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Senior Lecturer at the University of Ghana, Dr Eric Osei-Assibey has emphasised that government is on the right track to ensure fiscal consolidation and stabilise Ghana’s ailing economy.
He said even though government has reduced its expenditure, which affects economic growth, it is a bitter pill the nation has to swallow in the short-term to ensure macroeconomic stability in the long-term.
“It is important to achieve macroeconomic stability. Achieving macroeconomic stability could be done at the expense of growth. In the short-term, it may not be good but in the long-term, it will inure to the benefit of country,” he noted.
“Once you achieve that stability, you are able to attract much more investments and your growth will begin to accelerate to create more jobs. I think the position now is good – making sure that you don’t worsen the already weaker macro economic fundamental. So even if you are going to achieve it at the expense of growth, it is better in the short-term,” he added.
Dr Osei-Assibey was speaking at the Institute of Economic Affairs’ (IEA) Mid-Year Review of the 2017 Budget in Accra.
He said it was prudent on the side of the government to have cut expenditure within the first six months when it assumed office because revenue was well below total expenditure.
“It was prudent rather than keep spending otherwise it would have widened the fiscal gap and government would be forced to borrow more,” he explained.
On debt, the Senior Lecturer said government had no other way out than to increase the debt stock by GH?15 billion from January to May 2017.
He indicated that so long as government has decided, in the budget, that it is going to have a budget deficit of 6.5%, which means that revenue will fall short of expenditure by that margin, then that gap has to be financed.
“The issue is, what is the rate of accumulation compared to the previous years? Because that will tell you whether the debt is increasing at a decreasing rate or increasing at an increasing rate,” Dr Osei-Assibey stated.
Indeed, the Akufo-Addo-led government has reduced interest rates to reduce government’s appetite for borrowing.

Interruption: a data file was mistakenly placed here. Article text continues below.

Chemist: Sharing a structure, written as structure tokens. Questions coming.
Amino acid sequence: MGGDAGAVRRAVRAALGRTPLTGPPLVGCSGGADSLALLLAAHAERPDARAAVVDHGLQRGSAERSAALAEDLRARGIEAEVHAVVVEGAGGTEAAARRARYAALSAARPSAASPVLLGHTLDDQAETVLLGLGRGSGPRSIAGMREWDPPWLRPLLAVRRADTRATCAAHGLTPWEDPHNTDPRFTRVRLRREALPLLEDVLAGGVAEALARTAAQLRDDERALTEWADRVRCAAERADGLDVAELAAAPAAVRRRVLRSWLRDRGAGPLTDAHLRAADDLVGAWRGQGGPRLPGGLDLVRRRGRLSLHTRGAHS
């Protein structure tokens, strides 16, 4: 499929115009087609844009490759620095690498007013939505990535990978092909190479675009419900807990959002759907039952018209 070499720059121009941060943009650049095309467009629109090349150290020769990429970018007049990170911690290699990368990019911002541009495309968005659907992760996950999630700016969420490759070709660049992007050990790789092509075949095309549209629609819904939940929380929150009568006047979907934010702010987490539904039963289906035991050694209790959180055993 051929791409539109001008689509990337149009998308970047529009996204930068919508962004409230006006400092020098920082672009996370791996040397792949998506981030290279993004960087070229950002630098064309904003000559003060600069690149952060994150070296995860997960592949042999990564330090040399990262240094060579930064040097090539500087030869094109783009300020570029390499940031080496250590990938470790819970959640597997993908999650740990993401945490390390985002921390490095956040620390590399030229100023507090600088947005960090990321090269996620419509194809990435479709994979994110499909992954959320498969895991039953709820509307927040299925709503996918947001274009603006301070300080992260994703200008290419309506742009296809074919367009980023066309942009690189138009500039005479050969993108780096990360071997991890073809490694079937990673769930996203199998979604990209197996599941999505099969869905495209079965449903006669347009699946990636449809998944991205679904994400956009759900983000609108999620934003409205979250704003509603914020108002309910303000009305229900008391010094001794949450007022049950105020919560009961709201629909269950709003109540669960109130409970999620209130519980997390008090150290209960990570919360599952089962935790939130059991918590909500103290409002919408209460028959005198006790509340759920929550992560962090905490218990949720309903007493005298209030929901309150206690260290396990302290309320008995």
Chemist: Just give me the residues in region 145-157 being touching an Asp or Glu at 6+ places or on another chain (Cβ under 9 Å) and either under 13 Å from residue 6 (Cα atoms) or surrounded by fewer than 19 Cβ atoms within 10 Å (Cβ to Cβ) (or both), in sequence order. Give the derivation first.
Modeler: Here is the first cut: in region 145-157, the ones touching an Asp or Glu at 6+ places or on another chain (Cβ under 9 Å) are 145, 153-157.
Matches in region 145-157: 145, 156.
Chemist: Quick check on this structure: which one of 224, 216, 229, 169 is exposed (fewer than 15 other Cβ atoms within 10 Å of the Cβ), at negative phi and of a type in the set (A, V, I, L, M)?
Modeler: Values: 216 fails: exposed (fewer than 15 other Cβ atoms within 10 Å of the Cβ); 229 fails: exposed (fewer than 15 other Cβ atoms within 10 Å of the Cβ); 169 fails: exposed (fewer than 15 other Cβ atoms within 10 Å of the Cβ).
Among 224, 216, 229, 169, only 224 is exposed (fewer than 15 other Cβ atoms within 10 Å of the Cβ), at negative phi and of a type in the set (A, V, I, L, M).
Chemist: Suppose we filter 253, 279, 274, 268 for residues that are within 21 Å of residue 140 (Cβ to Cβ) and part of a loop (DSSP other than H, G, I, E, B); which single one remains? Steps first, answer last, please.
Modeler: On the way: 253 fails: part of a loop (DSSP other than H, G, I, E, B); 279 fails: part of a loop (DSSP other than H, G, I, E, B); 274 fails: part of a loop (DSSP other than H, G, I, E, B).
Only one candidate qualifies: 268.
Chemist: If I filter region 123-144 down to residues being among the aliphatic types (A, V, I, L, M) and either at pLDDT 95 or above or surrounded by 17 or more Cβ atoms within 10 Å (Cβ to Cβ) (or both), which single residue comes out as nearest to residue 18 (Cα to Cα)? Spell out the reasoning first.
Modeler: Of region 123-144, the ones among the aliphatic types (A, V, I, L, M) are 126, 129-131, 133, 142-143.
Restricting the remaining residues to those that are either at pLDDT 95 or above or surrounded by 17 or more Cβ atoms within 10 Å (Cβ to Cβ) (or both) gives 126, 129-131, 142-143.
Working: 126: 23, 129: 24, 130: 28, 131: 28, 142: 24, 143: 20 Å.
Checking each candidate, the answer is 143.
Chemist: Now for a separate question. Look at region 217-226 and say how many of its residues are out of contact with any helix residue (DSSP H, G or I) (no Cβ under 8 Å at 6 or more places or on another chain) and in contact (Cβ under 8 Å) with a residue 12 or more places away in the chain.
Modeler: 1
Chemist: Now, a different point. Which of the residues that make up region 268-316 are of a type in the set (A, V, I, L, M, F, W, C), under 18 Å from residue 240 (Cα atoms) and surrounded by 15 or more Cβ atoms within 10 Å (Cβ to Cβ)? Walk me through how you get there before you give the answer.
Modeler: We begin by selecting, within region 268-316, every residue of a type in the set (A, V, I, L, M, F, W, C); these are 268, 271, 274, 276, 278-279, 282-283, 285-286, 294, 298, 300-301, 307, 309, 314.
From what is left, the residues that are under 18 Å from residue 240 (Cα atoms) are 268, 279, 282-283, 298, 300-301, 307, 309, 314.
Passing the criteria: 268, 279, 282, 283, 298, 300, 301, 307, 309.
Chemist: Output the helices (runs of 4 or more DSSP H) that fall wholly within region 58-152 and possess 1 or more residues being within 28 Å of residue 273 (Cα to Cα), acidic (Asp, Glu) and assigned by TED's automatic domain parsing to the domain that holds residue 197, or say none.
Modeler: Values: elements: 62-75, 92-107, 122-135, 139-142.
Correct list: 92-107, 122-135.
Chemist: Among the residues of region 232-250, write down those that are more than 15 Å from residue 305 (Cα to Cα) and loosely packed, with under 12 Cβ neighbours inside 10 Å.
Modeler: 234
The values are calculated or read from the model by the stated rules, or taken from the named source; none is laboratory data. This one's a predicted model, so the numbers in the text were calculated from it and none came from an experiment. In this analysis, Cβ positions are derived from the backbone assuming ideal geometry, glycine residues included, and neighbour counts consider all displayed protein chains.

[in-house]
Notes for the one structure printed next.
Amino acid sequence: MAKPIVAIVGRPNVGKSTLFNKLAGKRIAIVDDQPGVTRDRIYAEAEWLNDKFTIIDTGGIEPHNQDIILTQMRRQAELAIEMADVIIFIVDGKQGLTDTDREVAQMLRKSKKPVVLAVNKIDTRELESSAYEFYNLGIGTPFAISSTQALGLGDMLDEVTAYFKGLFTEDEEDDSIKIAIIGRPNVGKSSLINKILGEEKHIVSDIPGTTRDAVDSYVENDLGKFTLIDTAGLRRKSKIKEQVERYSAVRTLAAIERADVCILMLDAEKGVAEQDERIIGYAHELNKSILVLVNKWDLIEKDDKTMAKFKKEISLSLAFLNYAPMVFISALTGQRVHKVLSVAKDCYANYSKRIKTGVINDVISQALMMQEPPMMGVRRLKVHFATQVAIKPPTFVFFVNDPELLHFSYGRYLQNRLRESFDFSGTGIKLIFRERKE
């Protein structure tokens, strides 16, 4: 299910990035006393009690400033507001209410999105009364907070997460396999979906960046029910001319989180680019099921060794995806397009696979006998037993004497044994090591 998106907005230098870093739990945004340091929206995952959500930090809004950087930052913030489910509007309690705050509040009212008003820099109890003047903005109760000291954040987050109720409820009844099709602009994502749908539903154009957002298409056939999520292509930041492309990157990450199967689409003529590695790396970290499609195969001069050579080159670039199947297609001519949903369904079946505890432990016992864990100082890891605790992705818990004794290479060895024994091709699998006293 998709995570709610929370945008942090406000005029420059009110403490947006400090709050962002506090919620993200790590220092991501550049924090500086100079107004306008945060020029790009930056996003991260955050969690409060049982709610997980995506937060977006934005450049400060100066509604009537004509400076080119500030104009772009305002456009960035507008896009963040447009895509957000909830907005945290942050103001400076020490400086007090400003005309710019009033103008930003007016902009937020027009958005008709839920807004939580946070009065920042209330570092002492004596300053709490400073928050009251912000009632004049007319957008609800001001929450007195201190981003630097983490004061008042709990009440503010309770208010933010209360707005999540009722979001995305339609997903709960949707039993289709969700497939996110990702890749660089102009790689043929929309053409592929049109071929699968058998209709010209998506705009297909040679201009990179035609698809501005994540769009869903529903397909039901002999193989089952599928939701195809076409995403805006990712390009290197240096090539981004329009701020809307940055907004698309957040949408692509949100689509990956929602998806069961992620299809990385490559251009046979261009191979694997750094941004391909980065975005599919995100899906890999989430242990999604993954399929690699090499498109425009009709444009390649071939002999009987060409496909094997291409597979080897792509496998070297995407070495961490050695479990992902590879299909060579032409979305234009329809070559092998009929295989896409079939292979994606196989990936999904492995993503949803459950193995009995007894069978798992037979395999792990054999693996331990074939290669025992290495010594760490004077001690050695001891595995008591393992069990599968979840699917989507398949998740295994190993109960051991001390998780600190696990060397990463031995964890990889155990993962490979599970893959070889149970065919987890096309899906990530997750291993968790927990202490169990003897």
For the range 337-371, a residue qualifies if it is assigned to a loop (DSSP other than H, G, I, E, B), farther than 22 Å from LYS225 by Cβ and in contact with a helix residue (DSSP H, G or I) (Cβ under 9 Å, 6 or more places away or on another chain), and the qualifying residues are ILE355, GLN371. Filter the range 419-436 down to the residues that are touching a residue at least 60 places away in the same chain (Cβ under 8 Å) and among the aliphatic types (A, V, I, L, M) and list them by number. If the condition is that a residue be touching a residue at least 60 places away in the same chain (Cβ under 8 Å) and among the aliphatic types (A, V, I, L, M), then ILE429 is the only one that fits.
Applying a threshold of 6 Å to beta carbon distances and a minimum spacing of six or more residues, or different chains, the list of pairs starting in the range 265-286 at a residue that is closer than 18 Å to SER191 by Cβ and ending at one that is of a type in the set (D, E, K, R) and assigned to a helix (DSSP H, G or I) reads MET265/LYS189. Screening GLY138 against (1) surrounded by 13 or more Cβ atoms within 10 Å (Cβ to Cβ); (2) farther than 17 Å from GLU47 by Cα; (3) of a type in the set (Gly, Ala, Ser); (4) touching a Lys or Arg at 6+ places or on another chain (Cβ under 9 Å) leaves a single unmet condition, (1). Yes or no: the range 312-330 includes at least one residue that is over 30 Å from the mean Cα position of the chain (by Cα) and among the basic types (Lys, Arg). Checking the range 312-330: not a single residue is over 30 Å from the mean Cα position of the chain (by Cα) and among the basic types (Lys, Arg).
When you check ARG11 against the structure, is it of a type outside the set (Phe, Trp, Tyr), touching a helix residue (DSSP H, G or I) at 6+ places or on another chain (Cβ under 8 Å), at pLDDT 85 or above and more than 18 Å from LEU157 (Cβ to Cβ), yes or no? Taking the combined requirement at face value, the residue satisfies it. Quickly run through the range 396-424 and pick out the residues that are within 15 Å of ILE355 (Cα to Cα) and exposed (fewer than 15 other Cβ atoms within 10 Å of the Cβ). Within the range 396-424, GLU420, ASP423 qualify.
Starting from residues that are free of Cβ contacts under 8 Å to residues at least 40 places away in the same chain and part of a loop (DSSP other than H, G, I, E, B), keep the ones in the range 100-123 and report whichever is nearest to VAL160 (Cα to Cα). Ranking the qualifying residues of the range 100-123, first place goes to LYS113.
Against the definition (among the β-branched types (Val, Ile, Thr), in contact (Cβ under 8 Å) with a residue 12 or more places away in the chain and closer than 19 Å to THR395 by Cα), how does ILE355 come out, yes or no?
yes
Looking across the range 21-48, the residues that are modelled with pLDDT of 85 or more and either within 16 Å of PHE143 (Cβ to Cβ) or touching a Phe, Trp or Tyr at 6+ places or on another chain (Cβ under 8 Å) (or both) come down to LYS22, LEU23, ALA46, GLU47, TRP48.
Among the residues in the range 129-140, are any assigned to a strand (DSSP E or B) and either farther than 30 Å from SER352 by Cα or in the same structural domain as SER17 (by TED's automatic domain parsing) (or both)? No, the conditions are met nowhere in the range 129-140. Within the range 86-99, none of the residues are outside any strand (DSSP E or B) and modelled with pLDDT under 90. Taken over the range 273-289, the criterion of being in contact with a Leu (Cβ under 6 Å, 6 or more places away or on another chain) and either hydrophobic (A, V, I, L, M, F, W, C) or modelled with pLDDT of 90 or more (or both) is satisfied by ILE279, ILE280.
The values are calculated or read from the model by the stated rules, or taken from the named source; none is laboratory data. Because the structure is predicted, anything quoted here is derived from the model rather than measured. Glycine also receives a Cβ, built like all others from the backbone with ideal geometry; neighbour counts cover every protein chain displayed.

Interest rates have dropped by some 400 basis points in the first half of 2017, testament to government’s quest to cut borrowing from the money market.
According to Bank of Ghana’s Summary of Microeconomic and Financial Data for July 2017, the monthly average interest rate for the 91-Day Treasury Bill dropped from 16.16% in January 2017 to 12.08% in June 2017 while that for the 1-Year Note fell from 19.50% in January to 15.25% in June.
Free SHS funding
He urged the government to revise its funding sources for the free Senior High School (SHS) by mobilising domestic revenue, including increasing the Value Added Tax Rate by one per cent, to ensure its sustainability.
The institute proposed that the one per cent VAT should be ring-fenced for the exclusive funding of the SHS Policy, explaining that domestic tax revenue provided a more stable and predictable source of financing expenditure for free education.
He called for a national forum on how to ensure sustainable financing for the free SHS programme.
Dr Osei-Assibey noted that while the funding arrangement could introduce another level of rigidity in the budgeting system, the ABFA source of funding, which contributed the major part of the total amount was not stable but highly volatile.
This, he explained, was due to dynamics in the oil and gas industry, which specifically related to fluctuating oil prices, posing risk to sustainable funding for the programme.
“IEA believes that successful implementation of the policy will not only ensure equity in the educational system but also have positive multiplier effect in all sectors of the economy through a skilled and competent work-force,” he added.
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